An estimated 300,000 surgeries are performed annually in the United States to repair pelvic organ prolapse. Up to 40% will fail by 2 years prompting surgeons to seek materials to augment repairs, most commonly poly- propylene mesh. While current literature supports the use of a knitted, lightweight, wide pore polypropylene mesh, the ideal mesh has not been defined, and no mesh to date is without complications. In a primate sacro- colpopexy model, we showed that commonly used prolapse meshes have a negative impact on the morpho- logic, structural, and functional properties of the vagina and are associated with a marked foreign body response. We compared the response following implantation of the prototype prolapse mesh to that of newer generation prolapse meshes (lower weight, increased pore size/porosity, lower stiffness), the newer materials had less of a negative effect; however, no particular mesh characteristic was predictive of the host response. Most critically, our studies revealed that a mesh's pre-implantation characteristics were generally not reflective of what it assumed once mechanical tension was applied. Ex vivo mechanical tests in conjunction with computational analyses clearly demonstrated that prolapse meshes can have markedly unstable geometries resulting in a loss of porosity with small applications of tension and that stresses imposed on the vagina by the mesh have significant regional variability. These effects are largely driven by the pore geometry of the mesh, the degree of tension, and how the mesh is anchored. Here we hypothesize that two distinct host responses are associated with the most common mesh complications - pain and exposure, and that mechanical factors resulting from mesh tensioning (pore collapse & regional stress differences) drive the host response towards one direction or the other.
Our aims are guided by sophisticated computational studies and in-vitro testing of mesh which show that, using the same mesh in a non-human primate sacrocolpopexy model, we can create two distinct in-vivo mechanical environments that will drive the host-response towards fibrosis or degeneration.
In Aim 1, we test the hypothesis that pore collapse results in fibrosis by implanting a polypropylene mesh with pores oriented 45 degrees to the intended implantation direction to induce pore collapse.
In Aim 2, we test the hypothesis that regional variations in stress, (stress shielding), results in a degenerative response by implanting a mesh along the intended implantation direction with an anchoring strategy that maximizes the area of the vagina shielded from stress.
In Aim 3, we confirm our findings in Aims 1 and 2 in mesh excised from women for the complications of pain and mesh exposure. For additional comparison, we employ a group of non-human primates in which mesh is implanted to create an environment of both pore collapse and stress shielding to better simulate the complex in-vivo scenario. We anticipate that the findings from this study will be immediately clinically translatable and will aid in the identificaion and development of synthetic meshes for prolapse surgeries that minimize risk of mesh complications for millions of women world-wide.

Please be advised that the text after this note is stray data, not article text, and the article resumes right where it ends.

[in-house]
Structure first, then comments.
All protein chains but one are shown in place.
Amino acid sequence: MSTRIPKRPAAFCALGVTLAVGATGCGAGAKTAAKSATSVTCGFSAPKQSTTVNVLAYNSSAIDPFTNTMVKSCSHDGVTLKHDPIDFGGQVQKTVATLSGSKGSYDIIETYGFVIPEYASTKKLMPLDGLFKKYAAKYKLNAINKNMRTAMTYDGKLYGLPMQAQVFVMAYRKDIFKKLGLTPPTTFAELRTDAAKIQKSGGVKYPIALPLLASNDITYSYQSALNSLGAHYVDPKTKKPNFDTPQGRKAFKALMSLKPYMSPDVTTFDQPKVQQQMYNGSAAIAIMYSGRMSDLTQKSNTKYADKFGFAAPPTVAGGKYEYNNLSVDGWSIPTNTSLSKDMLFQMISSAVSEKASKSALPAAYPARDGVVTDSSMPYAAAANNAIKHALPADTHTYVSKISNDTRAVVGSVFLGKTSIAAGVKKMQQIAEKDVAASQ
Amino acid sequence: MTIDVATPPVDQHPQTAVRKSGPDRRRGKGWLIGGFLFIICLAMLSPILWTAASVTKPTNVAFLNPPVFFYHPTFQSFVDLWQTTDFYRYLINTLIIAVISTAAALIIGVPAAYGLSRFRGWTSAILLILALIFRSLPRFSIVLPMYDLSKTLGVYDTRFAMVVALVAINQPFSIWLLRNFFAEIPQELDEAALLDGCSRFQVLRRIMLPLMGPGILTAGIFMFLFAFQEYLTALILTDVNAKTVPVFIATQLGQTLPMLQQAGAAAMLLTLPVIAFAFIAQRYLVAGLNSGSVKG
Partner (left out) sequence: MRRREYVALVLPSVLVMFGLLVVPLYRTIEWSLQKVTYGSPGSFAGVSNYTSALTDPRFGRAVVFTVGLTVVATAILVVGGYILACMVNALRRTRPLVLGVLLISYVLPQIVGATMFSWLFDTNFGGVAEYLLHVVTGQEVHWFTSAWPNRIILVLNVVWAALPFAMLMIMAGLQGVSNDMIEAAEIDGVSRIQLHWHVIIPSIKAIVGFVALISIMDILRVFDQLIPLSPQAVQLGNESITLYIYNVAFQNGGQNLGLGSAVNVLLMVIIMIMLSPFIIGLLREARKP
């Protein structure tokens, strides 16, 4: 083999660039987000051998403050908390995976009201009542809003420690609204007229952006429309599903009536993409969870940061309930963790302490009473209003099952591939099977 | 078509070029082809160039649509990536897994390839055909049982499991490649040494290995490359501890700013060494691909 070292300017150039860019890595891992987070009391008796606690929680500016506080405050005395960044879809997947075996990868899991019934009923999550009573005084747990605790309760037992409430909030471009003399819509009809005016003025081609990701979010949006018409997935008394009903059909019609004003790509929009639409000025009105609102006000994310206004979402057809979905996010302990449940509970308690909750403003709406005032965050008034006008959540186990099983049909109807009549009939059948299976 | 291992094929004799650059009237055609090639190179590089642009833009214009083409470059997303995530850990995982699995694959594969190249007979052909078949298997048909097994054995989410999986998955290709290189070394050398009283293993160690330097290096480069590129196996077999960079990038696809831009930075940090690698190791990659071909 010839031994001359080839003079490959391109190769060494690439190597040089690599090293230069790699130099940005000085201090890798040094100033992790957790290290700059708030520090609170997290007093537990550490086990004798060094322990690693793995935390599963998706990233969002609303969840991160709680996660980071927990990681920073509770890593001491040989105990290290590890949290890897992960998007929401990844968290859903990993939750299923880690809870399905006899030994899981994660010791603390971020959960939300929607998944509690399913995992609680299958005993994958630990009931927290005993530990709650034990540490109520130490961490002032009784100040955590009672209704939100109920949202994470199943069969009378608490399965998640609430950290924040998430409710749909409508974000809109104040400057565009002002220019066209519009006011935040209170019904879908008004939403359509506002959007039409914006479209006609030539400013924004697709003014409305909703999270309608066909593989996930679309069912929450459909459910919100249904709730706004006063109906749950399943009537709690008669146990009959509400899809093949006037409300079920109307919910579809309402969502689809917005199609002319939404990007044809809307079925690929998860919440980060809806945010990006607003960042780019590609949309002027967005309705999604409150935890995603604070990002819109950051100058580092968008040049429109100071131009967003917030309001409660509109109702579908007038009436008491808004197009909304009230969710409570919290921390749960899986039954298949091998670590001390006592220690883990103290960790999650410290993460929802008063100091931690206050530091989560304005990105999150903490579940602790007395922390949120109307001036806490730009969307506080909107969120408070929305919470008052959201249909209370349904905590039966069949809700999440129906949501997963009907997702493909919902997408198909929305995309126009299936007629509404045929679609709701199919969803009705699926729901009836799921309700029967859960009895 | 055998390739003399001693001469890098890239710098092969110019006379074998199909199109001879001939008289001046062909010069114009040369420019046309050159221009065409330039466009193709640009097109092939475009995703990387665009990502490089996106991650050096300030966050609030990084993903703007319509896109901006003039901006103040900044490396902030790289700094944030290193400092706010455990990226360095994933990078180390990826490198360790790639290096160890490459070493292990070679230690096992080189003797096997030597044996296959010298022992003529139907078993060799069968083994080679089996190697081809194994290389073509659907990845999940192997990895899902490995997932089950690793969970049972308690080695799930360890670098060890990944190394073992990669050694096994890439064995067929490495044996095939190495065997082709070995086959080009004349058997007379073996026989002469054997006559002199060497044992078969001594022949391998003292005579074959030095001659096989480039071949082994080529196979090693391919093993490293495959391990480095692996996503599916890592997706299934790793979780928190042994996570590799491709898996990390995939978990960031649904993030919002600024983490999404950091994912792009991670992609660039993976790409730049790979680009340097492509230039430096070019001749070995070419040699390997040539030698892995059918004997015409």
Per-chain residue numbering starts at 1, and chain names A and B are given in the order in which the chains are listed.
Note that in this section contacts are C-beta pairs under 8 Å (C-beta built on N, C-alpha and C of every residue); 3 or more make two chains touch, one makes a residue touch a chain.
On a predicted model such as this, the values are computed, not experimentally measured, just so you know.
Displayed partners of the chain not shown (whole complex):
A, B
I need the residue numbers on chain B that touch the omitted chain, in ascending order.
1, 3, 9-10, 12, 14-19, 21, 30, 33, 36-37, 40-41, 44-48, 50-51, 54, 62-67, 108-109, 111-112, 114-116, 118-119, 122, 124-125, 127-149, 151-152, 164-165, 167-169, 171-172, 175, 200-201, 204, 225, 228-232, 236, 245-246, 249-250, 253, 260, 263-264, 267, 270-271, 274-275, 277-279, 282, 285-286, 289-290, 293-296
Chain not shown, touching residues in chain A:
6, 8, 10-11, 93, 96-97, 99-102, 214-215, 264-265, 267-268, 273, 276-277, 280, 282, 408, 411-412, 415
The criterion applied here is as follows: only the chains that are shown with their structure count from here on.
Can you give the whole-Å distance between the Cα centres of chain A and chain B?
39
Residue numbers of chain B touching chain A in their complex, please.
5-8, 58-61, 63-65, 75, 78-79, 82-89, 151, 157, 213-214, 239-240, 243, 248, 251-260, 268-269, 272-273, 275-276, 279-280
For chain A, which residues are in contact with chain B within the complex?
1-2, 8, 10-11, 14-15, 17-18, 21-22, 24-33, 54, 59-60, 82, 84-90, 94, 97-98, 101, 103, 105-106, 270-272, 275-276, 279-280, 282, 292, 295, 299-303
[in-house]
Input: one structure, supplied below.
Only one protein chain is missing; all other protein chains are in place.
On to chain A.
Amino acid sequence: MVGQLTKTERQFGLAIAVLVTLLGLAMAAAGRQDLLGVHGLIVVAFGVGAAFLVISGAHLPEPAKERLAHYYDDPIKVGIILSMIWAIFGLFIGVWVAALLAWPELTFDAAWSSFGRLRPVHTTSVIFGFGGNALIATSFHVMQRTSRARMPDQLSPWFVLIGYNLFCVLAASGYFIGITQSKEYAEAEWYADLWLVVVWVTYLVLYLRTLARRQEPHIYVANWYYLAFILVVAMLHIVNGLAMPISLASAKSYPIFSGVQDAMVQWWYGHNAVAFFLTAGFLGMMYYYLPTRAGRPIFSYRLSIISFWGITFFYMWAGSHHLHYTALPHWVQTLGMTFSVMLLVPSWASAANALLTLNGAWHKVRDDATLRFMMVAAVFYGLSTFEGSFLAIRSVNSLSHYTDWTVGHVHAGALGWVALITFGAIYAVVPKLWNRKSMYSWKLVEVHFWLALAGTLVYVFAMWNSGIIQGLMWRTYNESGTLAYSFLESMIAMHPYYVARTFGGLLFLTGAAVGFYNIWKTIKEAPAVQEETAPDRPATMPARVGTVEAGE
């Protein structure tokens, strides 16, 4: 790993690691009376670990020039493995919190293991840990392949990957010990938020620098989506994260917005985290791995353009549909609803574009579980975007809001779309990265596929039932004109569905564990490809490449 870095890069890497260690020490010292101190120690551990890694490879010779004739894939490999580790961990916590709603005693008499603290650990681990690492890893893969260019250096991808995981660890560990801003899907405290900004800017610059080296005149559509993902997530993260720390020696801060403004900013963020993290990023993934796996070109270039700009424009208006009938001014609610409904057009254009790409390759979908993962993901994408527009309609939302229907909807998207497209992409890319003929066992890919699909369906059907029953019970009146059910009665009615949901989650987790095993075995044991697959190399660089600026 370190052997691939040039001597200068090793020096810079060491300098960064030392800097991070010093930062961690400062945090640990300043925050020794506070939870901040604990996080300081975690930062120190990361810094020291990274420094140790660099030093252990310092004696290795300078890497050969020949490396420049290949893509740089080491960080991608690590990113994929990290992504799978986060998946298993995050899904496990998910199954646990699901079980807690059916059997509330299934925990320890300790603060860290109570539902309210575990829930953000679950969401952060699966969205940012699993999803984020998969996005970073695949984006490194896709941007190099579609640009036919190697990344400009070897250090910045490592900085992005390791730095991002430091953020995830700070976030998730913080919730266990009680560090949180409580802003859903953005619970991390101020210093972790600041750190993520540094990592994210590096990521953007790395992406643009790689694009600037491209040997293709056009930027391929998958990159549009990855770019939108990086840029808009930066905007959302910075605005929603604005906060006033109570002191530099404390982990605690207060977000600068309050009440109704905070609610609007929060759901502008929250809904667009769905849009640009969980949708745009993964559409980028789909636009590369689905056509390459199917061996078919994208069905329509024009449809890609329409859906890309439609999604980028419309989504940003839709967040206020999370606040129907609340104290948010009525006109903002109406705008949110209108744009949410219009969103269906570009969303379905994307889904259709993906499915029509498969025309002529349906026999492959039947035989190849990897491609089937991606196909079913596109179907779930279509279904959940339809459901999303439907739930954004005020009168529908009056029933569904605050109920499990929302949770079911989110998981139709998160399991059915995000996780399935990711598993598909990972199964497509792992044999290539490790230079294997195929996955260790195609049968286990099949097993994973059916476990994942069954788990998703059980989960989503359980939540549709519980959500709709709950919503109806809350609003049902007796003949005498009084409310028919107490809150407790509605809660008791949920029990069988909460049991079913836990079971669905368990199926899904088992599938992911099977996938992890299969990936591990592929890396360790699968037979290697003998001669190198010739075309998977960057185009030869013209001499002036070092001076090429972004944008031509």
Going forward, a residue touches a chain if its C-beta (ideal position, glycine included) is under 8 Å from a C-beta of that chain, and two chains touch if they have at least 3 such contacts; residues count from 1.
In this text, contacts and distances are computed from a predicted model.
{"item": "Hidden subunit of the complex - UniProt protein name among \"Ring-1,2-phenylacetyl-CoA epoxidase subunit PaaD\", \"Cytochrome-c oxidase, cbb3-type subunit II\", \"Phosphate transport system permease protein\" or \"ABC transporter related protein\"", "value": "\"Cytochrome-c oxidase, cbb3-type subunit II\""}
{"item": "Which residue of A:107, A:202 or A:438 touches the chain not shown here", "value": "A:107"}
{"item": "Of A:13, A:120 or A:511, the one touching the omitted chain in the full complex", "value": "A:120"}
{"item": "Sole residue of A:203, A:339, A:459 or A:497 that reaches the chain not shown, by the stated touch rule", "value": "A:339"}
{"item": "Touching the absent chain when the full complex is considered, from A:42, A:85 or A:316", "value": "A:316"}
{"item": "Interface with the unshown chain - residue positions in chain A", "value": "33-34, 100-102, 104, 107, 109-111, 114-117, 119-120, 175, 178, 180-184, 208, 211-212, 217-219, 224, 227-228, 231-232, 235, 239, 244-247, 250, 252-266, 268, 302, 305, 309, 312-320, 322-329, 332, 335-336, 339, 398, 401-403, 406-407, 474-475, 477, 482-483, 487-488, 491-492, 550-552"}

Public Health Relevance

Reinforcement with synthetic mesh has been widely adopted to improve the effectiveness and durability of surgical repairs of pelvic organ prolapse (POP), with roughly 1/3 of POP surgeries employing mesh. In spite of good anatomical outcomes, prolapse meshes have become increasingly criticized due to a high rate of complications (see FDA Public Health Notification 2011). In this proposal, we test the hypothesis that two distinct host responses to mesh are associated with the most common mesh complications - pain and exposure, and that mechanical factors resulting from tensioning of the mesh drive the host response towards one direction or the other. Based on the solid foundation of scientific knowledge acquired through this proposal, we anticipate the future development of meshes that confer minimal risk, thereby improving the quality of life for the millions of potentially affected women and their families worldwide.

National Institute of Health (NIH)
Eunice Kennedy Shriver National Institute of Child Health & Human Development (NICHD)
Research Project (R01)
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Bioengineering, Technology and Surgical Sciences Study Section (BTSS)
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Halvorson, Lisa M
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Magee-Women's Research Institute and Foundation
United States
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